How it all works 

The mechanics of the scheme was outlined in the previous article but, for those that may have missed it, in a very brief nutshell, this is the business model for an ECO4 Installation Business for example, Hyde Solar: 

  • Lead generators locate suitable houses (most have an EPC rating of E or below) and make sure the inhabitants also meet the criteria (benefits/ health/age) for the installation. 
  • This lead is then passed to Hyde Solar for them to sign up and book in a visit to the property to make sure everything is suitable for the installation and diagrams are created or photos taken. 
  • This information is passed to a Retrofit Assessor (RA) to check the house and inhabitants fit the criteria. A plan of action is drawn up confirming that the suggested measure, if fitted will increase the EPC banding to make sure the house becomes more energy efficient. This involves plenty of reports and calculations. 
  • This plan of action is provided to a Retrofit Coordinator (RC) to co-ordinate the job and plan what needs to be installed and where in, or on, the house it needs to be installed. This again involves plenty of reports and calculations.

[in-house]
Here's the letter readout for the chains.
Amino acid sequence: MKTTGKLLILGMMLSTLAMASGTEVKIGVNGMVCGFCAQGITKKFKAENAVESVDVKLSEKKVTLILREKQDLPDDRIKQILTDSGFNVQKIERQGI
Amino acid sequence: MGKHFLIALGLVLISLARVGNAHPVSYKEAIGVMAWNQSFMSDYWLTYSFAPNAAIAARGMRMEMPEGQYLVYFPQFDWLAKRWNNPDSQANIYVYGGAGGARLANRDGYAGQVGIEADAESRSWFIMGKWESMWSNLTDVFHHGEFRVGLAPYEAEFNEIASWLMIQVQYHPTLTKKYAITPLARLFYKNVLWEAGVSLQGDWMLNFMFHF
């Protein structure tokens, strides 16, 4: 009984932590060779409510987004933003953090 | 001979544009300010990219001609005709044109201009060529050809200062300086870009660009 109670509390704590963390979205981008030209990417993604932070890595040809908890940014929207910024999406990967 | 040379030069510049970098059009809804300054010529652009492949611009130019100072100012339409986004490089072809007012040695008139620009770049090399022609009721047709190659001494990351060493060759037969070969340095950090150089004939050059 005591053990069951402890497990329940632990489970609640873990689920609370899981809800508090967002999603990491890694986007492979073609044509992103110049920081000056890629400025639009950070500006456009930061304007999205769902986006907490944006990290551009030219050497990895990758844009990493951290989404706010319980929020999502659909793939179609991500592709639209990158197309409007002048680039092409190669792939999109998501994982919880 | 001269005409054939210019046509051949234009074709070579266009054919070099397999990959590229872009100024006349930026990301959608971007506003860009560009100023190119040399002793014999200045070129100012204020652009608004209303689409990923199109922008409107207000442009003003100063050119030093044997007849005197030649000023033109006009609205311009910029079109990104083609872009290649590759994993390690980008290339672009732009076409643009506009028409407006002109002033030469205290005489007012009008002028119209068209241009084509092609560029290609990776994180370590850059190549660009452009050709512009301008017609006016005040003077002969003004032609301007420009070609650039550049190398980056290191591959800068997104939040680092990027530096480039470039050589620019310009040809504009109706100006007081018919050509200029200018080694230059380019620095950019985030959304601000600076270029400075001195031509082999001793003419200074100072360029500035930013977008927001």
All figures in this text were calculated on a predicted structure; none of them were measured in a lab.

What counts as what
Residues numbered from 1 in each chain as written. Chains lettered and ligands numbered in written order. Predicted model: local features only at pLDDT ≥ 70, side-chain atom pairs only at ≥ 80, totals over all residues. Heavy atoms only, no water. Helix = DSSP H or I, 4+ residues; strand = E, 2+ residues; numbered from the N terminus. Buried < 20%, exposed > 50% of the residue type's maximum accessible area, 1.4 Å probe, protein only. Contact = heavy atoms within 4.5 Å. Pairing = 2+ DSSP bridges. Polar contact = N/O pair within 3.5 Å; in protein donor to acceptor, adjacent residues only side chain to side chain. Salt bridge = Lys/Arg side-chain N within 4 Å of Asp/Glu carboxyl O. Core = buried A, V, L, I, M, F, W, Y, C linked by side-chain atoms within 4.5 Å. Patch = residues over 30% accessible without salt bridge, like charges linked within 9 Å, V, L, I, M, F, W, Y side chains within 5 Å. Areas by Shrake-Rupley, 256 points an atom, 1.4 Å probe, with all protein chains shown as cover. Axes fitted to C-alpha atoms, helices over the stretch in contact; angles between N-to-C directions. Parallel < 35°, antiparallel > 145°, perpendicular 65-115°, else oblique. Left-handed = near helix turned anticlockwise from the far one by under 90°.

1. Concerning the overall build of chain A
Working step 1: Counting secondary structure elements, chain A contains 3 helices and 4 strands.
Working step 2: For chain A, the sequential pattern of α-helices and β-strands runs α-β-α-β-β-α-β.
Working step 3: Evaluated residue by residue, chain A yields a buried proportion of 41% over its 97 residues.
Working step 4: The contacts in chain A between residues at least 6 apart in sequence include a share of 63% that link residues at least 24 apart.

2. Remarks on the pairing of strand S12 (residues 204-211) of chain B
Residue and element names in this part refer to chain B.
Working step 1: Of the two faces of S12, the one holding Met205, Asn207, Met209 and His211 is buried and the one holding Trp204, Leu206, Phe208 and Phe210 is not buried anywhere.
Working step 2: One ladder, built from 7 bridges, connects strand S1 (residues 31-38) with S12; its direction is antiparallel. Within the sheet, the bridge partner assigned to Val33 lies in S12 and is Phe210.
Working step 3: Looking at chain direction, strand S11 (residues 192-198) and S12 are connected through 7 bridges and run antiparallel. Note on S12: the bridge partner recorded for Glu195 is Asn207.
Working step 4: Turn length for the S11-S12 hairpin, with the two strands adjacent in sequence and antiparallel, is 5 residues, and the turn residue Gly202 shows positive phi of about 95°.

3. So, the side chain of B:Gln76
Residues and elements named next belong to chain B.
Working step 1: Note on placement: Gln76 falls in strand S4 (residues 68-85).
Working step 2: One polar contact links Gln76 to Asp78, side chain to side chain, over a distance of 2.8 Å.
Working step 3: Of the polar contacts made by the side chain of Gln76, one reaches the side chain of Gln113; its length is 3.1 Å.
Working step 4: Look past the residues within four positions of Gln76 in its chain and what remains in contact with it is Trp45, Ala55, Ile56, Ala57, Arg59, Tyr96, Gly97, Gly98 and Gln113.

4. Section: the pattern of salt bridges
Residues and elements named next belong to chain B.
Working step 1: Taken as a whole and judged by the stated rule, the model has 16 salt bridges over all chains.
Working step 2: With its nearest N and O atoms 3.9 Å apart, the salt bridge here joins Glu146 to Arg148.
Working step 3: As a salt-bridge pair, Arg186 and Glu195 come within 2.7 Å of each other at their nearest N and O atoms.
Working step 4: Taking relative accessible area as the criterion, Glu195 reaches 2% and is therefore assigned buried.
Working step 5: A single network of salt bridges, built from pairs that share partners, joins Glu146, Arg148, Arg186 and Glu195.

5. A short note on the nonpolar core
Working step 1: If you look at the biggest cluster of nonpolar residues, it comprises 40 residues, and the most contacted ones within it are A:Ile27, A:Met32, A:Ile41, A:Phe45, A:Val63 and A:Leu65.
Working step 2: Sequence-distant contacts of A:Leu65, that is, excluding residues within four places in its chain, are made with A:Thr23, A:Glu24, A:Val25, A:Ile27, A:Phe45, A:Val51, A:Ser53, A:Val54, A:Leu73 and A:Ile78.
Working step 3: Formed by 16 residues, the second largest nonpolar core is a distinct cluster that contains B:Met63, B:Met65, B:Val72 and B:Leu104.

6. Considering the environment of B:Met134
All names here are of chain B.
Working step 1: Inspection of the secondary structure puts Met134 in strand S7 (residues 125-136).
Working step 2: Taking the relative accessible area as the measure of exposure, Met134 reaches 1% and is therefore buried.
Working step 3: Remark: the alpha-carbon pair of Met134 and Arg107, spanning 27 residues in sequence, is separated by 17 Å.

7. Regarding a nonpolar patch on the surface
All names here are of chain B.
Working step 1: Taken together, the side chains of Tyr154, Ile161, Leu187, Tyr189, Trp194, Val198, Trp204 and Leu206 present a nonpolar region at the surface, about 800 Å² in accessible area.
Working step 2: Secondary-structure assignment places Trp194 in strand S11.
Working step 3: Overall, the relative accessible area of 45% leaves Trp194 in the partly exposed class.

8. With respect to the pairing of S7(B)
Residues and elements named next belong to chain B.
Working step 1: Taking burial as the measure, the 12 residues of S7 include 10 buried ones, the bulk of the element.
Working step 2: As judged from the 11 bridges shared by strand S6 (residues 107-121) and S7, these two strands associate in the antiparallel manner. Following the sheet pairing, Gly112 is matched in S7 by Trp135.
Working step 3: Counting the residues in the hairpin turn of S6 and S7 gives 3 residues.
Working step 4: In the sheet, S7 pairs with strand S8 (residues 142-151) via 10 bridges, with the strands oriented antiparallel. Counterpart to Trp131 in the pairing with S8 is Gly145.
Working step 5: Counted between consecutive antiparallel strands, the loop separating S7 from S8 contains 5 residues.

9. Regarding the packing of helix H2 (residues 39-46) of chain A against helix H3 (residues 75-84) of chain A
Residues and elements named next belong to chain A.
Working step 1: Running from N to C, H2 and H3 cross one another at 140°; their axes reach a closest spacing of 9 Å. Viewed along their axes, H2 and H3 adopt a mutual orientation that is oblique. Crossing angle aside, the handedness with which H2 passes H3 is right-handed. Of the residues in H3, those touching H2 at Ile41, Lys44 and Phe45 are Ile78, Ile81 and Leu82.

• This is then passed to the actual fitters physically undertaking the installation. Plenty of pictures are needed of before, during and after the installation to confirm it’s been carried out as per the RA/RC specifications. 
  • Once the installation has taken place, all of the pictures are provided to the RC for them to complete their post installation report and calculations. 
  • These reports/calculations/photos are then packaged electronically by the Hyde Solar submissions team and sent to a Funder / Managing Agent, such as Ronnan Corporation, to check for compliance. 
  • The Managing Agent makes sure the installation is scheme compliant and submits the job and all reports/pics to a utility company. 
  • The utility company submits to Ofgem 
  • Ofgem pay the utility, the utility pays the Managing Agent and the Managing Agent pays the installer 

It’s all about the money in part 3 of this series, as Mark addresses the important matter of the finances behind the scheme. Make sure you are subscribed to get your copy! 

Given the amount of interest raised by these insights into ECO4 we are happy for you to share any questions that you have so that we can cover them in future articles. 

Please get in touch with Margaret Major, Publishing Director, REI: margaret@renewableenergyinstaller.co.uk

You can read part 1 in this series here 

Image credit: Mark Hyde, Ronnan Corporation (Energy) Ltd